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Normal Range of Motion in Back Extension and Flexion

author image Lynn Hetzler
Lynn Hetzler has been a writer since 2000. She was editor in chief and head writer for the online publication Eye on Cameraware. She owns a computer store offering repair, websites, instruction, and more. Hetzler is a certified medical assistant with experience in oncology, laboratory testing and protocol writing.
Normal Range of Motion in Back Extension and Flexion
Back view of a man getting ready to do a pull up. Photo Credit sestovic/iStock/Getty Images

Your back is a sophisticated structure made up of bones, muscles, connective tissue and nerves that allow you to bend and flex at the waist. A person with a normal range of motion is able to reach towards the ceiling and then touch his toes while keeping his knees straight. Physicians and medical professionals report range of motion in degrees, measuring your ability to bend forward and lean backward without stiffness or pain. If you have your range of motion tested, the results will be noted on a form, comparing your ability with the normal range of motion values established by the American Medical Association guidelines.

Testing Your Range

Doctors describe your spine as having three sections, each responsible for moving different parts of your body. A doctor reports a person who can move freely without pain or stiffness as having 100 percent range of motion. She might ask a patient with back pain or stiffness to perform various ranges of motion movements and then describe the patient’s disability as a percentage of the normal value. For example, a person who can only bend halfway over has 50 percent range of motion. The physician will then prescribe a course of treatment to help the patient resume a normal range of motion for back extension and flexion.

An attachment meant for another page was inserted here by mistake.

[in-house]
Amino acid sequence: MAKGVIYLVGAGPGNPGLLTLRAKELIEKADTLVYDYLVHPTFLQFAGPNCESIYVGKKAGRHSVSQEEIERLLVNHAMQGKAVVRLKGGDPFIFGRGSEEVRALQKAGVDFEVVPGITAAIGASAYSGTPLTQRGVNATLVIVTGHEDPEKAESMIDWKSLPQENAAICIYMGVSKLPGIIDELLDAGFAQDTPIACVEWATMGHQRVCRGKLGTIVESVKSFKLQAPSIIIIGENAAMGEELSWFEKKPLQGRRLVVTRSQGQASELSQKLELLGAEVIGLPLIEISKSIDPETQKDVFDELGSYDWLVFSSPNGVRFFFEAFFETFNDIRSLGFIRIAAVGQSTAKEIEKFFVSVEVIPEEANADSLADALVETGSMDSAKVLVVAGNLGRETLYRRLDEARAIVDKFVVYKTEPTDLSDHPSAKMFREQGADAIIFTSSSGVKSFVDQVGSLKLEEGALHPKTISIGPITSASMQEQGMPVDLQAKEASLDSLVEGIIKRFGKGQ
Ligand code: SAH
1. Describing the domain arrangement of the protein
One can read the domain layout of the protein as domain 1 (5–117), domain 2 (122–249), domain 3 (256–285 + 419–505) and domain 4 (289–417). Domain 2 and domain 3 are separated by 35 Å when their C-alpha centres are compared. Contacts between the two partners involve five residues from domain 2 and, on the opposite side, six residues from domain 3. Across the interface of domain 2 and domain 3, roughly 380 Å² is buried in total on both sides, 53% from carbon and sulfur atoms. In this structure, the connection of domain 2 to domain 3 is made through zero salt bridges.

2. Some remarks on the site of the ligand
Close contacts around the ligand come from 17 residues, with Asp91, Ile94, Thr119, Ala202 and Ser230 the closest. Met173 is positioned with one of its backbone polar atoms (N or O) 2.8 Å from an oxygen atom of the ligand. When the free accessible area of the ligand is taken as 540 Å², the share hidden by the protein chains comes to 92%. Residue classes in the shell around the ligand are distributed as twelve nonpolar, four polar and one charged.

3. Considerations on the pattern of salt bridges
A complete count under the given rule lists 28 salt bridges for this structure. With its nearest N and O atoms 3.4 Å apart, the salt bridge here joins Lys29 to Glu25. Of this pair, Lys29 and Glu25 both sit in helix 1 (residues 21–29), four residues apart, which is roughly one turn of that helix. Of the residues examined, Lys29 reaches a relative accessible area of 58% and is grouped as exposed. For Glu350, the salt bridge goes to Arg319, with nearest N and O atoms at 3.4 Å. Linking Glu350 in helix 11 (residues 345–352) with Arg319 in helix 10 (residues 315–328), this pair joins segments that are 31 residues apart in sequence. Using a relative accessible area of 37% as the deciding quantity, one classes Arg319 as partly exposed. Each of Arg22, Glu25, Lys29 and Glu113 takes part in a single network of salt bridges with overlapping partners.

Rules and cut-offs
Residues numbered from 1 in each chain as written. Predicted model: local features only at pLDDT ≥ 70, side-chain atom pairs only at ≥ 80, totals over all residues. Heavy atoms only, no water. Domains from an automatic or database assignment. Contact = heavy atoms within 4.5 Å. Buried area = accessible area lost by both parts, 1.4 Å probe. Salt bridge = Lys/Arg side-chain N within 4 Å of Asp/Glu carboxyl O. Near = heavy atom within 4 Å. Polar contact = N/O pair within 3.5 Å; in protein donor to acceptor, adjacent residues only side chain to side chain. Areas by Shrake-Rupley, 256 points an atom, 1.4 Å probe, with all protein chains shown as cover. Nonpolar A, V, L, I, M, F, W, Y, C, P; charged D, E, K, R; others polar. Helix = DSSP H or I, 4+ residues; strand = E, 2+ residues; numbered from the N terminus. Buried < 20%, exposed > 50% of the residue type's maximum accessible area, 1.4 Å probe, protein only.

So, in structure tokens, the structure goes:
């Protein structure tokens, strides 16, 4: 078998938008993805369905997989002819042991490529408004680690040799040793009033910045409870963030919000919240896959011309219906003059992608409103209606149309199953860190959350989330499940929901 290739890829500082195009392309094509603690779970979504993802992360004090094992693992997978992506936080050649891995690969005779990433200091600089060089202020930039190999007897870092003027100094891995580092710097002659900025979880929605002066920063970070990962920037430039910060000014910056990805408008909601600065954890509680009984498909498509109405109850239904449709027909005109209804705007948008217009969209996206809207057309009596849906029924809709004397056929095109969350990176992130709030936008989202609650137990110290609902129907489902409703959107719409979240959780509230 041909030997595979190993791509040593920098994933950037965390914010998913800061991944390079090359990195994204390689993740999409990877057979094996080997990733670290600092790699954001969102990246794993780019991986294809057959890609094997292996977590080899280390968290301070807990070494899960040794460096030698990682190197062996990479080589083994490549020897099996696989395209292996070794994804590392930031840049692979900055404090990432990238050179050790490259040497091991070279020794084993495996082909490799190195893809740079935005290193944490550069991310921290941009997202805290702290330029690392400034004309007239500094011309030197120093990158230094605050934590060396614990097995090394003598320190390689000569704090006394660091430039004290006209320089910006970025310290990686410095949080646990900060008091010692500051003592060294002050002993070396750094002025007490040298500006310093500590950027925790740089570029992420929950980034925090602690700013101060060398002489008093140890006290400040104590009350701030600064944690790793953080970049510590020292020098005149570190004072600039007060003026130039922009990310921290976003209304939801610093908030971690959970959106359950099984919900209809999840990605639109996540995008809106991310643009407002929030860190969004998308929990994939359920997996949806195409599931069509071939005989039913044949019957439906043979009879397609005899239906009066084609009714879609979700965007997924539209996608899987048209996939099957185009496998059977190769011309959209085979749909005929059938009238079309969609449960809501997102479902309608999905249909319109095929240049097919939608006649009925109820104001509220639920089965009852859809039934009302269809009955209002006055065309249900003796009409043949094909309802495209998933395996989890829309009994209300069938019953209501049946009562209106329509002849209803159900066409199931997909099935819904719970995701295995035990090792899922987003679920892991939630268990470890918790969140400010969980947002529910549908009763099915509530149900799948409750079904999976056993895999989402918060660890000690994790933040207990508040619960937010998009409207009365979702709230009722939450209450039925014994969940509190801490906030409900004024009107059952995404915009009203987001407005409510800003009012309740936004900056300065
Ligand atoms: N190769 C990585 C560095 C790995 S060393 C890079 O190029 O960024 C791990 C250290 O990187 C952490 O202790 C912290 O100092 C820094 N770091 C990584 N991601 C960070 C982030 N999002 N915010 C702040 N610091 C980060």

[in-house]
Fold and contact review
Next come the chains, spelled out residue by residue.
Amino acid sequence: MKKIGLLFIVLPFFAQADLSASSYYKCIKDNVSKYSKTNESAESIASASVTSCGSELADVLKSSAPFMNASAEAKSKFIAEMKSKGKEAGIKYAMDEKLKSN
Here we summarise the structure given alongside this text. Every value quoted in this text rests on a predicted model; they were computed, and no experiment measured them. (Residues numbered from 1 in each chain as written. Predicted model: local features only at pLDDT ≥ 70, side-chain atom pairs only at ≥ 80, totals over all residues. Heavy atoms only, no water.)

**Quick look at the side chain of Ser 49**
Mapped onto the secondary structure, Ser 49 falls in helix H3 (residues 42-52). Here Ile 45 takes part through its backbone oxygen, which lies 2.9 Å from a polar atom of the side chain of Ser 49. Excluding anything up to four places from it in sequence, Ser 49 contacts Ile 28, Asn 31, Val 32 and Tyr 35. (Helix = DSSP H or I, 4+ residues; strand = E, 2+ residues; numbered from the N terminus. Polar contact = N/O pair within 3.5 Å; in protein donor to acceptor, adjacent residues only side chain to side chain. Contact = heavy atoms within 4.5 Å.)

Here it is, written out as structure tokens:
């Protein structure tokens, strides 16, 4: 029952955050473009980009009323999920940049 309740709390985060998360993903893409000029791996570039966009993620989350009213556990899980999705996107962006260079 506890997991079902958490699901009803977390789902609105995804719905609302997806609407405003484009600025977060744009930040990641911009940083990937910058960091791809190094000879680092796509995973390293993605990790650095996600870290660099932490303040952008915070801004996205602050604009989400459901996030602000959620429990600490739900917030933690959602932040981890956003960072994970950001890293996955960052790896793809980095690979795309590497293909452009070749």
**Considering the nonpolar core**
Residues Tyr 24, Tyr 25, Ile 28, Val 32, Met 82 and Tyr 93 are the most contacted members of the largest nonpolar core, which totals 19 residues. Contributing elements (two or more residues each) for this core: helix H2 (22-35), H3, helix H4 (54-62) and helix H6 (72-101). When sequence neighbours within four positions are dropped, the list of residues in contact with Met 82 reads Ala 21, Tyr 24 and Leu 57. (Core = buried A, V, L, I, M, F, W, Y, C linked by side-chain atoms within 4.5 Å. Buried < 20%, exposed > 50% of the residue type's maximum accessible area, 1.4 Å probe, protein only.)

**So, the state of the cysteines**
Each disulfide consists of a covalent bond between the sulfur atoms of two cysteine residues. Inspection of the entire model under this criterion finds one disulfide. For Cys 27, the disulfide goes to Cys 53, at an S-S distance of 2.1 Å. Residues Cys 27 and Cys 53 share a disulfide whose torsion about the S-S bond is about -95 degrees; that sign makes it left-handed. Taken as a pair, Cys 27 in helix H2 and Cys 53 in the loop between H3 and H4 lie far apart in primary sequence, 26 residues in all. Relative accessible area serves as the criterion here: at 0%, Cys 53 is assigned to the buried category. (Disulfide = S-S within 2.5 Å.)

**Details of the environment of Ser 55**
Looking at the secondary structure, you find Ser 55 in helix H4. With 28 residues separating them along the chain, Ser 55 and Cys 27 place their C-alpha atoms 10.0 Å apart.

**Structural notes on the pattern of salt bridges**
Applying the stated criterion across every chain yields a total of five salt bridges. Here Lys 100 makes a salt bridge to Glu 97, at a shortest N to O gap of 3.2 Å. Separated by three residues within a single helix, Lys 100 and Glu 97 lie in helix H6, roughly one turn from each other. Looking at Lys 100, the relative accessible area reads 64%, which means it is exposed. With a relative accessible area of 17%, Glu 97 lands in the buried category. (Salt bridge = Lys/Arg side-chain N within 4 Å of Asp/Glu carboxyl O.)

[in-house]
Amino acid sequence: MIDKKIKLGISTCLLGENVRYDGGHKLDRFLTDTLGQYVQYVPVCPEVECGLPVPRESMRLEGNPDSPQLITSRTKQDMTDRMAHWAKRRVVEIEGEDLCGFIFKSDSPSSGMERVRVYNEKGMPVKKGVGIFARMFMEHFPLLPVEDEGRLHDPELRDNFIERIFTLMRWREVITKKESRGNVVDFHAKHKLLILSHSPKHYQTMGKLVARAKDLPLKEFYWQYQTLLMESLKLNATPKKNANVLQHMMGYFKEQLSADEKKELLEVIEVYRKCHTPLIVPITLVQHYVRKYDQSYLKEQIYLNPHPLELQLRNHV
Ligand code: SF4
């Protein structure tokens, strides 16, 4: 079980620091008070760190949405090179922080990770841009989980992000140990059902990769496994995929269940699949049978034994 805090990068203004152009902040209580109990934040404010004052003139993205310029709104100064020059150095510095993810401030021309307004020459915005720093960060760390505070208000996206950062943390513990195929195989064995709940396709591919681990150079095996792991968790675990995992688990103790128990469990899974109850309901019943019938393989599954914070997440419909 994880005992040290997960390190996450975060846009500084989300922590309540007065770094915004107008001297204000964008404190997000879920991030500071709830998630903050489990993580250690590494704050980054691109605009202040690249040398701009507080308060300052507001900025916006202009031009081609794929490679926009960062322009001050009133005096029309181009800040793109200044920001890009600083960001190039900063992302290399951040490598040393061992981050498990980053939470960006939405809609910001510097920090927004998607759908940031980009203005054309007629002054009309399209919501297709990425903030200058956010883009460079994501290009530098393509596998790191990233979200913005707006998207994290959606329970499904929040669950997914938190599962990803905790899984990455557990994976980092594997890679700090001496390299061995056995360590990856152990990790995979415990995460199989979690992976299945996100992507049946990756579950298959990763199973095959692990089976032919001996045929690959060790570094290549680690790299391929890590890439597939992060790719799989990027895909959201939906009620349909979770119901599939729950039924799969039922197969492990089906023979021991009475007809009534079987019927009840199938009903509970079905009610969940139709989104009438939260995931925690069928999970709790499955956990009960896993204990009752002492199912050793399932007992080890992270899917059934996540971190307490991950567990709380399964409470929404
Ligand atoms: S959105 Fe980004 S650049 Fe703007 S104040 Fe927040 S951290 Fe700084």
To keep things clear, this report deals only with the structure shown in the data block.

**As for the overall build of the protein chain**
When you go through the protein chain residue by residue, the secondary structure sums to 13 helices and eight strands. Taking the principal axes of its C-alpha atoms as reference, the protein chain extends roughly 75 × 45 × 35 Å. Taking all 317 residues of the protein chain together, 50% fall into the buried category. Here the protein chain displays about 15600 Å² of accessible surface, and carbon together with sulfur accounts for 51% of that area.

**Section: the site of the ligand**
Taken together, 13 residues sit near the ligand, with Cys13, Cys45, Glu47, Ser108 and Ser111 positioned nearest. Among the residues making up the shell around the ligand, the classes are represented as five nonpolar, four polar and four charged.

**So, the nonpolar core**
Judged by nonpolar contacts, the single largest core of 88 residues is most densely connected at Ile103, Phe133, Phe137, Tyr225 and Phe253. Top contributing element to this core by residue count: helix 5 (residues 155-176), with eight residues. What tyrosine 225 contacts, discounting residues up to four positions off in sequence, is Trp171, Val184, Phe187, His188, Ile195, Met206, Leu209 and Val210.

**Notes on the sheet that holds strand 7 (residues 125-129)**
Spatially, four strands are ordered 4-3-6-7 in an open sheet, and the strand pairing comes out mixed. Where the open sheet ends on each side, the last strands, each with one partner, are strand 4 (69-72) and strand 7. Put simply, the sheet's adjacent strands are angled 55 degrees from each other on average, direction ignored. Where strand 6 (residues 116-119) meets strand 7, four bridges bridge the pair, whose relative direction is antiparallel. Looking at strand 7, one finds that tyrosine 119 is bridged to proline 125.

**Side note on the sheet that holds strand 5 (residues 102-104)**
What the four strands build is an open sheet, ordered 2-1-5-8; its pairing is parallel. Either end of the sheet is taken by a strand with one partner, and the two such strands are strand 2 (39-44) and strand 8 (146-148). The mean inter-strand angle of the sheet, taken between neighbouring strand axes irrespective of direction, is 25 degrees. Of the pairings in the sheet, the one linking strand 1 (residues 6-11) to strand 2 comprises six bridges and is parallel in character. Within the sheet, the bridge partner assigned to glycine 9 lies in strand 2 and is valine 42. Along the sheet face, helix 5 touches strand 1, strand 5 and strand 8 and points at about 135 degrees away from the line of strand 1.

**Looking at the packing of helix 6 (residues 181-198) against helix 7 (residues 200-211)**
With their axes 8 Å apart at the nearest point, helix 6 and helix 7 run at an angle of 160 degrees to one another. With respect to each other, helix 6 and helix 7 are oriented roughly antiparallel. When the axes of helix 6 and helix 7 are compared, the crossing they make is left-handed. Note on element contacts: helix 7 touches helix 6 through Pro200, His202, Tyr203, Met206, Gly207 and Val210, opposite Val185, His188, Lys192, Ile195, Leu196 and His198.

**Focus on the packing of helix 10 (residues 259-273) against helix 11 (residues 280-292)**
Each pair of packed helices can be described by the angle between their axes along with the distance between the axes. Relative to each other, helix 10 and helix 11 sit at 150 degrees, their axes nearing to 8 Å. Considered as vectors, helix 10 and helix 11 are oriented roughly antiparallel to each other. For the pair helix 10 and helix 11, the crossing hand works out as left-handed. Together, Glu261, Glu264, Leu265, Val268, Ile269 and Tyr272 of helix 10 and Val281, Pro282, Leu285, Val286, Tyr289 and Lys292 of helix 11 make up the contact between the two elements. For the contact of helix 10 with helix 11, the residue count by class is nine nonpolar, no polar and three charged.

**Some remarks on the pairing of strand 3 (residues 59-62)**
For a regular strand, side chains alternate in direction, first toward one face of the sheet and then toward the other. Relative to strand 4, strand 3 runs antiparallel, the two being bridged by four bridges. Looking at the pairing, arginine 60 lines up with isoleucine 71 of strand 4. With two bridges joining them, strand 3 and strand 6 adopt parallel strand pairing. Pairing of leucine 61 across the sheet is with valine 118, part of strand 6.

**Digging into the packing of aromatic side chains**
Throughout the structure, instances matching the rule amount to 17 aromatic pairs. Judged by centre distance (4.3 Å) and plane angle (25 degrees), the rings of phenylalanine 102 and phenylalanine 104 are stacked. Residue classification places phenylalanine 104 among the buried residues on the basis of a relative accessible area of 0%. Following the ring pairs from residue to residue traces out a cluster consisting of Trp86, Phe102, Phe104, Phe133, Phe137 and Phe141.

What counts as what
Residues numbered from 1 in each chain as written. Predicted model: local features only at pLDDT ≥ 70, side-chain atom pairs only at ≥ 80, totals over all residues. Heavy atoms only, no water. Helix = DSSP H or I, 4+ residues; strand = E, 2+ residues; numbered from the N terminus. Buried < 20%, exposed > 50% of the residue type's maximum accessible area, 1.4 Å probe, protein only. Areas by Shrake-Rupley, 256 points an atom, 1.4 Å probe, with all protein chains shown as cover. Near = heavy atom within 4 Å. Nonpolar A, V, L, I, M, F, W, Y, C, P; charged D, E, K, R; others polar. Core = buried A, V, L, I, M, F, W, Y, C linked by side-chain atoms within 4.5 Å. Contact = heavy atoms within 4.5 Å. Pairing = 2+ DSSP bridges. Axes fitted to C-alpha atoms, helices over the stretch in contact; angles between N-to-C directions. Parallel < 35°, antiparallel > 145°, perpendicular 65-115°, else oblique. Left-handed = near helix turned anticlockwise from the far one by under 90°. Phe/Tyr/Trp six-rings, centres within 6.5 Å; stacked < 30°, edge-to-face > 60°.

Flexion and Extension

The stacked vertebrae configuration of your spine allows for flexion, extension, lateral flexion and rotation. You are engaging in flexion when you bend forward at your waist, moving your head towards your knees. You extend your spine when you arch your back and look towards the ceiling. Normal range of motion of your back also includes lateral flexion in which you raise one shoulder while dropping the other, arching your spine towards the left or right of your hips.


Your cervical region has the greatest range of motion as compared to your thoracic or lumbar regions, according to the Mayfield Clinic for Brain and Spine. Your cervical spine supports the weight of your head. A person with normal range of motion for the cervical spine nods his head by flexing and extending the muscles that control his cervical spine. Normal range of cervical motion is 60 degree cervical flexion and 75 degree cervical extension.


Your thoracic area has limited range of motion. The main function of the twelve thoracic spinal vertebrae is to protect the organs in your chest, such as your heart and lungs, by providing an attachment point for your ribcage. You can flex, or bend, your thorax only about 50 degrees.


The main function of the lumbar, or lower, area of your back is to bear the weight of your body. ExRx.net states that you suffer an increased risk for lower back injuries during lumbar spine extension activities. But these back extension exercises are necessary to increase lumbar range of motion for patients suffering from lower back problems. Normal range of motion for the lumbar region is 60 degree flexion and 25 degree extension.

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